Local injection site reactions occurred in 3.2% and 3.0% of Repatha®-treated and placebo-treated patients, respectively. The most common injection site reactions were erythema, pain, and bruising. The proportions of patients who discontinued treatment due to local injection site reactions in Repatha® -treated patients and placebo-treated patients were 0.1% and 0%, respectively.
Allergic reactions occurred in 5.1% and 4.7% of Repatha®-treated and placebo-treated patients, respectively. The most common allergic reactions were rash (1.0% versus 0.5% for Repatha® and placebo, respectively), eczema (0.4% versus 0.2%), erythema (0.4% versus 0.2%), and urticaria (0.4% versus 0.1%).
Neurocognitive events were reported in less than or equal to 0.2% in Repatha®-treated and placebo-treated patients.
In a pool of placebo- and active-controlled trials, as well as open-label extension studies that followed them, a total of 1,988 patients treated with Repatha® had at least one LDL-C value <25 mg/dL. Changes to background lipid-altering therapy were not made in response to low LDL-C values, and Repatha® dosing was not modified or interrupted on this basis. Although adverse consequences of very low LDL-C were not identified in these trials, the long-term effects of very low levels of LDL-C induced by Repatha® are unknown.
Musculoskeletal adverse reactions were reported in 14.3% of Repatha® -treated patients and 12.8% of placebo-treated patients. The most common adverse reactions that occurred at a rate greater than placebo were back pain (3.2% versus 2.9% for Repatha® and placebo, respectively), arthralgia (2.3% versus 2.2%), and myalgia (2.0% versus 1.8%).
Homozygous Familial Hypercholesterolemia (HoFH): In 49 patients with homozygous familial hypercholesterolemia studied in a 12-week, double-blind, randomized, placebo-controlled trial, 33 patients received 420 mg of Repatha® subcutaneously once monthly. The adverse reactions that occurred in at least 2 (6.1%) Repatha®-treated patients and more frequently than in placebo-treated patients, included upper respiratory tract infection (9.1% versus 6.3%), influenza (9.1% versus 0%), gastroenteritis (6.1% versus 0%), and nasopharyngitis (6.1% versus 0%).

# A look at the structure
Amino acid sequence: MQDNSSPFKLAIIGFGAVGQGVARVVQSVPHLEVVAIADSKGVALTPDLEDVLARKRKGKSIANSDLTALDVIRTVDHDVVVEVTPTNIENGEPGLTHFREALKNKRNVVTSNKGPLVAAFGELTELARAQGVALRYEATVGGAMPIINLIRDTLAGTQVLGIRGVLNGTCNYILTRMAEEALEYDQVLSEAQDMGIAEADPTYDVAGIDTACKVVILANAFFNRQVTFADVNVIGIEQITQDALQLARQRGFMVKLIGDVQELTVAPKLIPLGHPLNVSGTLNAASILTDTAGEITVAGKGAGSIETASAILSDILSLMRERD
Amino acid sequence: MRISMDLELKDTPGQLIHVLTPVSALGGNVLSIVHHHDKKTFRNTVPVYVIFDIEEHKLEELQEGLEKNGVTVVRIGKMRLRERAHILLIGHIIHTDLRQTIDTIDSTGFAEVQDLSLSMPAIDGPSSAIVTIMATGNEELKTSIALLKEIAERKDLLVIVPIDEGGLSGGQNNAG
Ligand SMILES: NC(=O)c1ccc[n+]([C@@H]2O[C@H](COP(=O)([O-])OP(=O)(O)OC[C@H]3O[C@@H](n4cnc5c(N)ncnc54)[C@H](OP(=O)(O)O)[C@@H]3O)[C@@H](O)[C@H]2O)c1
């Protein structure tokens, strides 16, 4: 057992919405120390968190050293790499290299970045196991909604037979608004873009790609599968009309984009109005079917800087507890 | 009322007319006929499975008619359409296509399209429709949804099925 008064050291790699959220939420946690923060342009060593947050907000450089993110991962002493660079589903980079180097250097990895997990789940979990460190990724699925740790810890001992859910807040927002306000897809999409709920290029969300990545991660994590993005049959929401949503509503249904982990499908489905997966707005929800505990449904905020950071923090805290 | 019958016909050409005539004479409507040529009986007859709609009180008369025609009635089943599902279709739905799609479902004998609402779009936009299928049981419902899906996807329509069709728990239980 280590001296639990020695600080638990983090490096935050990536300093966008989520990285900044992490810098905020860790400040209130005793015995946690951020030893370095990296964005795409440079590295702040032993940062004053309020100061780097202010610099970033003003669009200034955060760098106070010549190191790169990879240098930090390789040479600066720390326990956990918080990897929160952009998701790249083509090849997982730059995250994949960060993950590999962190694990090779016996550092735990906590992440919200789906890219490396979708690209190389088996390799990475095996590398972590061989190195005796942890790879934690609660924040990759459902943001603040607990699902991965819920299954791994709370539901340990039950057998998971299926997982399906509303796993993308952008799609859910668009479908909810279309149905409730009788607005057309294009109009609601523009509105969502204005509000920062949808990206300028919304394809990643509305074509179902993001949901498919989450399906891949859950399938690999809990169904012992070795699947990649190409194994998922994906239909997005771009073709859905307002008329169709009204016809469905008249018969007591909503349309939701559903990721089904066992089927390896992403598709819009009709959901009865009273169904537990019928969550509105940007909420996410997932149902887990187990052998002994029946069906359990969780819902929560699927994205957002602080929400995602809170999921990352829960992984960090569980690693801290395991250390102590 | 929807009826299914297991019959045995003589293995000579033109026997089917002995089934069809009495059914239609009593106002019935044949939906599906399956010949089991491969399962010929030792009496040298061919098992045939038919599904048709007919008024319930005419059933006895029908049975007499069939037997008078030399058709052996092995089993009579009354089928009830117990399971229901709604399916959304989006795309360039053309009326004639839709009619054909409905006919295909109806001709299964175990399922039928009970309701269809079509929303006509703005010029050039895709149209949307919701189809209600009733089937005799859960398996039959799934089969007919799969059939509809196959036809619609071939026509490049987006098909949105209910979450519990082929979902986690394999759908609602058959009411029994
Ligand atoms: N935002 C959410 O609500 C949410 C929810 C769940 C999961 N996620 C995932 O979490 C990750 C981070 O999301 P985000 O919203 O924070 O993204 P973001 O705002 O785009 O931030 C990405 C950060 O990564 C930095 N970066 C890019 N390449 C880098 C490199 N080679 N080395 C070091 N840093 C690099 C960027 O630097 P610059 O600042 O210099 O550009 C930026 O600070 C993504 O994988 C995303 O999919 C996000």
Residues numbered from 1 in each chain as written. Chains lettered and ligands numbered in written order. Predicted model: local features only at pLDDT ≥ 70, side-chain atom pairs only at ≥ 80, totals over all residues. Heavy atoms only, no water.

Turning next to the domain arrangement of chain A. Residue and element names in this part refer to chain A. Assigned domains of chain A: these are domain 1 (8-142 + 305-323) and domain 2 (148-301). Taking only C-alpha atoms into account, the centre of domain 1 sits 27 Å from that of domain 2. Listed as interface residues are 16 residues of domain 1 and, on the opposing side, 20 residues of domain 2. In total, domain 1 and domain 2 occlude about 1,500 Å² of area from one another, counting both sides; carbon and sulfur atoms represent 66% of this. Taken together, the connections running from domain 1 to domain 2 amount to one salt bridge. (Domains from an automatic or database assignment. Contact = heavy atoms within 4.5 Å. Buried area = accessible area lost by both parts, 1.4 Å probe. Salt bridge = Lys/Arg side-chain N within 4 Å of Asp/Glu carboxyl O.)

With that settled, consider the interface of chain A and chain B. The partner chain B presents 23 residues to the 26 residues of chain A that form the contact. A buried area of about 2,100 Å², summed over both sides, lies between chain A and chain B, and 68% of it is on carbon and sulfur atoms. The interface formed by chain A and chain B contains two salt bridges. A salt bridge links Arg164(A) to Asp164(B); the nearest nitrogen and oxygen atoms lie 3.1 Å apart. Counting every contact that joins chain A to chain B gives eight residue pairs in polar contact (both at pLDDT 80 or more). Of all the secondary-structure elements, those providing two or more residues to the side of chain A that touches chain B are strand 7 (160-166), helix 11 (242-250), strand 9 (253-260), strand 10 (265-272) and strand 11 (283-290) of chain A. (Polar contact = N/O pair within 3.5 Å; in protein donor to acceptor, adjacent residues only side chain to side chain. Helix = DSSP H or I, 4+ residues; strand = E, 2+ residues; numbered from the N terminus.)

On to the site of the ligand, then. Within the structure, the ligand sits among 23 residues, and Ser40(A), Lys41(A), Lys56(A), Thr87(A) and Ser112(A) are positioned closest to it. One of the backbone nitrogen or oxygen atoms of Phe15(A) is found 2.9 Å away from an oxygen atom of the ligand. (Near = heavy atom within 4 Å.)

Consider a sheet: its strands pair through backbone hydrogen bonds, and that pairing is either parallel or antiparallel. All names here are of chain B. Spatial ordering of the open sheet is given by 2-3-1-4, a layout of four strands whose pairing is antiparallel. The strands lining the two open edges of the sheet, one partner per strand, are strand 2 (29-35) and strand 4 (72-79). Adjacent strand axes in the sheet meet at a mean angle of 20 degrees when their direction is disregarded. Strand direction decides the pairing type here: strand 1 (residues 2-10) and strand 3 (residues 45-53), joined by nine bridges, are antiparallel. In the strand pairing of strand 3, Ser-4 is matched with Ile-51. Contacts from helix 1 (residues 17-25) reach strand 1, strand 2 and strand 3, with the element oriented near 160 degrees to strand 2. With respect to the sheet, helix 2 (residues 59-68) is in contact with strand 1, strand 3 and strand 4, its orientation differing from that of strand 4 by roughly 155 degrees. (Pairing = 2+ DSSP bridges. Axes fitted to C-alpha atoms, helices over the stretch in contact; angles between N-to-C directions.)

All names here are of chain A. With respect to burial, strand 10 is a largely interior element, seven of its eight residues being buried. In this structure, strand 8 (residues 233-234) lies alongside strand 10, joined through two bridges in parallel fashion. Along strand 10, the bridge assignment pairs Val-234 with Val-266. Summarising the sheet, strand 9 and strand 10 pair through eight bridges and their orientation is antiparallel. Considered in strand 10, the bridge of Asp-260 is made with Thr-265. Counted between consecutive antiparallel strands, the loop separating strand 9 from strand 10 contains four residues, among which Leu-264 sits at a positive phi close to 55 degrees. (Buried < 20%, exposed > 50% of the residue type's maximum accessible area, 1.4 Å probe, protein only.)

Immunogenicity: Repatha® is a human monoclonal antibody. As with all therapeutic proteins, there is a potential for immunogenicity with Repatha®.
Please contact Amgen Medinfo at 800-77-AMGEN (800-772-6436) or 844-REPATHA (844-737-2842) regarding Repatha® availability or find more information, including full Prescribing Information at www.amgen.com and www.Repatha.com.
About Amgen in the Cardiovascular Therapeutic Area
Building on more than three decades of experience in developing biotechnology medicines for patients with serious illnesses, Amgen is dedicated to addressing important scientific questions to advance care and improve the lives of patients with cardiovascular disease, the leading cause of morbidity and mortality worldwide.7 Amgen’s research into cardiovascular disease, and potential treatment options, is part of a growing competency at Amgen that utilizes human genetics to identify and validate certain drug targets. Through its own research and development efforts, as well as partnerships, Amgen is building a robust cardiovascular portfolio consisting of several approved and investigational molecules in an effort to address a number of today’s important unmet patient needs, such as high cholesterol and heart failure.
Amgen is committed to unlocking the potential of biology for patients suffering from serious illnesses by discovering, developing, manufacturing and delivering innovative human therapeutics. This approach begins by using tools like advanced human genetics to unravel the complexities of disease and understand the fundamentals of human biology.
Amgen focuses on areas of high unmet medical need and leverages its expertise to strive for solutions that improve health outcomes and dramatically improve people’s lives. A biotechnology pioneer since 1980, Amgen has grown to be one of the world’s leading independent biotechnology companies, has reached millions of patients around the world and is developing a pipeline of medicines with breakaway potential.
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CONTACT: Amgen, Thousand Oaks
Kristen Davis, 805-447-3008 (Media)
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- Cannon CP, et al. N Engl J Med. 2004;350:1495-1504.
- LaRosa JC, et al. N Engl J Med. 2005;352:1425-1435.
- Pederson TR, et al. JAMA. 2005; 294:2437-2445.
- Search Collaborative Group Lancet 2010; 376: 1658–69.
- Cannon CP, et al. N Engl J Med. 2015;372:2387-2397.
- Repatha® U.S. Prescribing Information. Amgen.
- World Health Organization. Cardiovascular diseases (CVDs) fact sheet. http://www.who.int/mediacentre/factsheets/fs317/en/ Accessed March 2017.